Loud Snoring

snoring is one of the symptoms

Unless you’ve manage to wake yourself up snoring, it’s more likely a partner or friend has told you this. Sometimes snoring is just snoring, but frequent, loud snoring is often a sign of obstructive sleep apnoea. If you only snore in certain situations – when you’ve got a cold, if you’re drunk or have hay fever – then you’re probably fine, but if it’s near constant, then you may want to get it looked at.

Waking Up Gasping

This is one of the most obvious symptoms and one that causes anxiety in many people. If you find yourself waking up choking or gasping for air, you definitely should go to a doctor as soon as possible. This happens when you haven’t been able to breathe enough, and means you aren’t getting enough oxygen – something that can have severe long term effects.

Thankfully, if you’ve noticed these symptoms, you’ve got time to prevent/treat it. The top ways to prevent it include quitting smoking, avoiding alcohol, sleeping pills and sedatives, and avoiding caffeine and heavy meals within two hours of going to bed. Additionally, exercising regularly and losing weight can reduce the chances of obstruction, and practicing breathing exercises can strengthen the muscles in your airway. Try to sleep on your side whilst elevating your head slightly in order to reduce the chances of obstruction.

If it’s bad enough that you feel you need treatment, talk to a doctor and don’t let the stress build up – options include breathing or dental devices, masks (machines), and surgery. But these are usually recommended after trying other less extreme methods.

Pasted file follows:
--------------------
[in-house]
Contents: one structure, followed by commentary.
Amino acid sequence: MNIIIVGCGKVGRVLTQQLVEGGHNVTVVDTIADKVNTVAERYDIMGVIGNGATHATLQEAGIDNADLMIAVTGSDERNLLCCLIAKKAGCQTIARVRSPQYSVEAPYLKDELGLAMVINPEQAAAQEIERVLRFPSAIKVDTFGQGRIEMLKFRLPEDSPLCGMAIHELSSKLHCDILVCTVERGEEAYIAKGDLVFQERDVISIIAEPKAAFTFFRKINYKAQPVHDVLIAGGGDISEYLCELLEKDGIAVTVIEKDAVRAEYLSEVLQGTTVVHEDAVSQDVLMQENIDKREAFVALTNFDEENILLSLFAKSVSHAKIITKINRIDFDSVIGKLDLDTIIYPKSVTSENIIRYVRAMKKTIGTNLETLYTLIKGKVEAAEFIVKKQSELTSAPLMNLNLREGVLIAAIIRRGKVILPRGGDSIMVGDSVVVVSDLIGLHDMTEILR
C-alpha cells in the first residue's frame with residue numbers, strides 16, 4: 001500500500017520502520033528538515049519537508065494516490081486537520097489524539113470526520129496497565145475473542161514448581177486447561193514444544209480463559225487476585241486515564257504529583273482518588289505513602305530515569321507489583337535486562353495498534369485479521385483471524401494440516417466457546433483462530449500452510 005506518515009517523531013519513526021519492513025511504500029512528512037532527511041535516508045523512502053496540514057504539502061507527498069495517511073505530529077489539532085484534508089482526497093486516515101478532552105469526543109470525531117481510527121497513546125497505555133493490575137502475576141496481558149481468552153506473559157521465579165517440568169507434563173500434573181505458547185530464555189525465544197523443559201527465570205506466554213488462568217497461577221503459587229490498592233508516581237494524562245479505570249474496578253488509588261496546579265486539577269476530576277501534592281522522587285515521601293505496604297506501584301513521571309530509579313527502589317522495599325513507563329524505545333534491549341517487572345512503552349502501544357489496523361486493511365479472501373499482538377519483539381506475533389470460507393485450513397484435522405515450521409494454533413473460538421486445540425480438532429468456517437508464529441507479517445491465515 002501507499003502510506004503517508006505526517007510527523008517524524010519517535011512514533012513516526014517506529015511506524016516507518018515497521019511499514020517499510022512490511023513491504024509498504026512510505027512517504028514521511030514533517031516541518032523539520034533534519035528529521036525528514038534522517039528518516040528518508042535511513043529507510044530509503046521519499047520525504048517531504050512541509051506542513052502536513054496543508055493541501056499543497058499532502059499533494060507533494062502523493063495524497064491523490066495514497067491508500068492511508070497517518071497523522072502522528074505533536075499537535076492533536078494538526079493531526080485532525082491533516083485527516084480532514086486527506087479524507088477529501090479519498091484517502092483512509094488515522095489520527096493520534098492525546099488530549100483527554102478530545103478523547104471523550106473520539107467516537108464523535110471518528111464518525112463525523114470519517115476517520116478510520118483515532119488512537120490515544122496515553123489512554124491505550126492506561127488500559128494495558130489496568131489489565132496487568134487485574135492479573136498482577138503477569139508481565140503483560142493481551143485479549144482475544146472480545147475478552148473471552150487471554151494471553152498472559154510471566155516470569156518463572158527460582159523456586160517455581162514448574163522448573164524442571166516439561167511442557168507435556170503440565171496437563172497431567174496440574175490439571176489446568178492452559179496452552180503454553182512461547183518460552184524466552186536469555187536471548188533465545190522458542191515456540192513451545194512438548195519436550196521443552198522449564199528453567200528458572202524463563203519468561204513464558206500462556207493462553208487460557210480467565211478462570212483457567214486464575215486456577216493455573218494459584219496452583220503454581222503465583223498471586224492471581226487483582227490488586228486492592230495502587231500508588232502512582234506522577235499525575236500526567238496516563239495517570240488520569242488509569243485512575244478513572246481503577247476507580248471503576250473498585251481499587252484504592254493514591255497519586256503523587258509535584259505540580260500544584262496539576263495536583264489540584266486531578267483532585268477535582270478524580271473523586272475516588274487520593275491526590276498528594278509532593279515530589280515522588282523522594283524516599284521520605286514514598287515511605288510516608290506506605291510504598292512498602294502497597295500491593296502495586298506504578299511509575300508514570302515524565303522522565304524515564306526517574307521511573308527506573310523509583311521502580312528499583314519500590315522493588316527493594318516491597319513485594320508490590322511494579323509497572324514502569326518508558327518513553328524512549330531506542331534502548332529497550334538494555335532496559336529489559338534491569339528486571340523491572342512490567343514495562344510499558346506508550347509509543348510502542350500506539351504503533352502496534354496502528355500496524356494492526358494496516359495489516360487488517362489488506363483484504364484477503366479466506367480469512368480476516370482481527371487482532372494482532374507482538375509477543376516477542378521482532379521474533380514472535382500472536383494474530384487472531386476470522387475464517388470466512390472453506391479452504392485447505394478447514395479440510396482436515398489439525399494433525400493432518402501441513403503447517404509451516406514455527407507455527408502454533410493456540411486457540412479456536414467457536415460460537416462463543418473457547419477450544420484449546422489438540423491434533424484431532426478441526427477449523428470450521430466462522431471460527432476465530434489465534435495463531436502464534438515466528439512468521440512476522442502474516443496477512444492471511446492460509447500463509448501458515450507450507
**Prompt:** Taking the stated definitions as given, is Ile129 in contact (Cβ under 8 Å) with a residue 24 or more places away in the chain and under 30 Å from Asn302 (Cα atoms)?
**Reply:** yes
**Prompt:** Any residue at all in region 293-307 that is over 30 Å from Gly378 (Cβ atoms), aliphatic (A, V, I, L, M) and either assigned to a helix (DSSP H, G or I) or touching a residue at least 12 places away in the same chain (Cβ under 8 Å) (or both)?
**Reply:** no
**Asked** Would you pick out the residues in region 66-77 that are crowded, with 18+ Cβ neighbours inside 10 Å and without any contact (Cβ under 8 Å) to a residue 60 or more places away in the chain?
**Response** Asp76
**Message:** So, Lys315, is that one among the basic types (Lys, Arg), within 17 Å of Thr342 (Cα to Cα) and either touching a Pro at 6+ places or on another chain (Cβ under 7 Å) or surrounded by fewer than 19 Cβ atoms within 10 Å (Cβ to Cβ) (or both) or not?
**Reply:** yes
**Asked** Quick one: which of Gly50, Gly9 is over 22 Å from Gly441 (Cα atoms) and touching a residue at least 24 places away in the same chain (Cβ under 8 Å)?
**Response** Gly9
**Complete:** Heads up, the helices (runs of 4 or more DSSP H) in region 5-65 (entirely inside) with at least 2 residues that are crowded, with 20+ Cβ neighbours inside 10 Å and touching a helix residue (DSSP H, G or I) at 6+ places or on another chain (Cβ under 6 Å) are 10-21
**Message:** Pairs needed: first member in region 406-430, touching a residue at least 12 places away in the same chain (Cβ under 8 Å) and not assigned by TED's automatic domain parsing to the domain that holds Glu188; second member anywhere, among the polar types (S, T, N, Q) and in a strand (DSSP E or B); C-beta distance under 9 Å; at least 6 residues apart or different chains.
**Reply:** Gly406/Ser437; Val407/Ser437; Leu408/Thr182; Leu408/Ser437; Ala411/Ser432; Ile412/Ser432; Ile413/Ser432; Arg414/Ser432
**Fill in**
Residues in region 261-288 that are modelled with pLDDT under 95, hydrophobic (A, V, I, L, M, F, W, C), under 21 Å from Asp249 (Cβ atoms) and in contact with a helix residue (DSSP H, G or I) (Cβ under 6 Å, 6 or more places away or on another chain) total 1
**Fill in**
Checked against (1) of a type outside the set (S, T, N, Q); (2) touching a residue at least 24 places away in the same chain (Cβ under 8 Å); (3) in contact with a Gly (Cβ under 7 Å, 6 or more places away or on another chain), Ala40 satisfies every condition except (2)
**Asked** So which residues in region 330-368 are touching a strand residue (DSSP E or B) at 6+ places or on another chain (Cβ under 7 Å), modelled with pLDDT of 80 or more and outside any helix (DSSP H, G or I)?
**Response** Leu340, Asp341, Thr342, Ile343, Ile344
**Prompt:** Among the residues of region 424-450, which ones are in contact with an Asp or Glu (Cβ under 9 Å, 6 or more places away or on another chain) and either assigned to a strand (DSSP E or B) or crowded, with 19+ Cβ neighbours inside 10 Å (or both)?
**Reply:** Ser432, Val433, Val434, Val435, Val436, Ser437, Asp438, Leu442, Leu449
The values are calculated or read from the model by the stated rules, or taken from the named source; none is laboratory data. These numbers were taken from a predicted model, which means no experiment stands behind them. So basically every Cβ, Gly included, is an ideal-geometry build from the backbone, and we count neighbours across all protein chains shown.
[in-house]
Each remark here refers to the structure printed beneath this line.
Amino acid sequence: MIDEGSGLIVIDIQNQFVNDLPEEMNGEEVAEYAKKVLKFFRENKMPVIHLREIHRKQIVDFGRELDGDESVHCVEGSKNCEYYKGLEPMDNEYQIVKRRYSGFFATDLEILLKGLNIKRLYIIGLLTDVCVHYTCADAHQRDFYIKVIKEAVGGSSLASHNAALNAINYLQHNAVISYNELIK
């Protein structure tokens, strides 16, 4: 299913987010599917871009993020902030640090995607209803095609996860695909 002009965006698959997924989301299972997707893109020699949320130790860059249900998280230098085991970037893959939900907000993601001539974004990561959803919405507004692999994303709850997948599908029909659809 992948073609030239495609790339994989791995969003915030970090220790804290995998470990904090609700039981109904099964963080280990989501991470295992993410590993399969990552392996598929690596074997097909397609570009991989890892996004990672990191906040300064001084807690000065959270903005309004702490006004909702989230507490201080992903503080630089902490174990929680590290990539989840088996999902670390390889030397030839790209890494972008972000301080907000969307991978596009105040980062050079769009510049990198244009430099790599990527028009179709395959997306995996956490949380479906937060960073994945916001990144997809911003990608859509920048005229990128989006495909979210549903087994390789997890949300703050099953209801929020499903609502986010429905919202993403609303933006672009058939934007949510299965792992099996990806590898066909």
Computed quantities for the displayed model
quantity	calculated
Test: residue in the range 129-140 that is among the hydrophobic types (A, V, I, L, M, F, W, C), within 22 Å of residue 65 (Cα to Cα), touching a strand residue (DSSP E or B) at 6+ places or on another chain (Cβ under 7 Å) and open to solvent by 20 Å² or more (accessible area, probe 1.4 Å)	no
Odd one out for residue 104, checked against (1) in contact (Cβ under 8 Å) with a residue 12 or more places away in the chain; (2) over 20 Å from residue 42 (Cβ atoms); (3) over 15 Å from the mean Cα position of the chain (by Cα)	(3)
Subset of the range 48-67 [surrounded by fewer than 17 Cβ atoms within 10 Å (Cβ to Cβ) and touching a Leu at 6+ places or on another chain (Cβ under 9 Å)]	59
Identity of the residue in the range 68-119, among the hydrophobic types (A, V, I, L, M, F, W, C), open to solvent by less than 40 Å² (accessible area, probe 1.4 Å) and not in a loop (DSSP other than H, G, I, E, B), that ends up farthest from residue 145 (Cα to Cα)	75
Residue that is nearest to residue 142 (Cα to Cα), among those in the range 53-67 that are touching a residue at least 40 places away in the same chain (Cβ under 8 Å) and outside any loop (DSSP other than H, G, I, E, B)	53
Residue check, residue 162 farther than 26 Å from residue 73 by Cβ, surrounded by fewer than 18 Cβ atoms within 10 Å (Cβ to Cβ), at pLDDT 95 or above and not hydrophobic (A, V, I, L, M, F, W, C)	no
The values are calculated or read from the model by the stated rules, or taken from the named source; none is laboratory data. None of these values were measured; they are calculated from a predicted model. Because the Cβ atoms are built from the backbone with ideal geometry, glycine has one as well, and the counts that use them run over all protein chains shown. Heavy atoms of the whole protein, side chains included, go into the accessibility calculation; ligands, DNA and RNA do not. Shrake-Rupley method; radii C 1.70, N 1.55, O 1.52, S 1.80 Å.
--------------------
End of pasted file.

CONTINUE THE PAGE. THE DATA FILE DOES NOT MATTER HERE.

Author: Mark Reddick

When I’m not learning about sleep, you can find me hanging out with my wife and close friends.

I absolutely love entrepreneurship and learning how to improve yourself daily. We only get one life, and I want to make it the best one possible.

I hope that everyone that finds our site takes a new approach to sleep. The world needs to stop thinking about it as something “we just do,” but rather something that allows us “to do every day.”

5 Comments
  1. Reply
    Douglas November 24, 2017 at 3:03 am

    Very nice blog. I didn`t know about my condition until I read this blog and realized what is happening to me. I think this condition is happening with lots of people and what we need to do is read this blog and act accordingly, so we will not have any problem or will not make the life of others problematic

  2. Reply
    Tracy April 20, 2018 at 10:35 am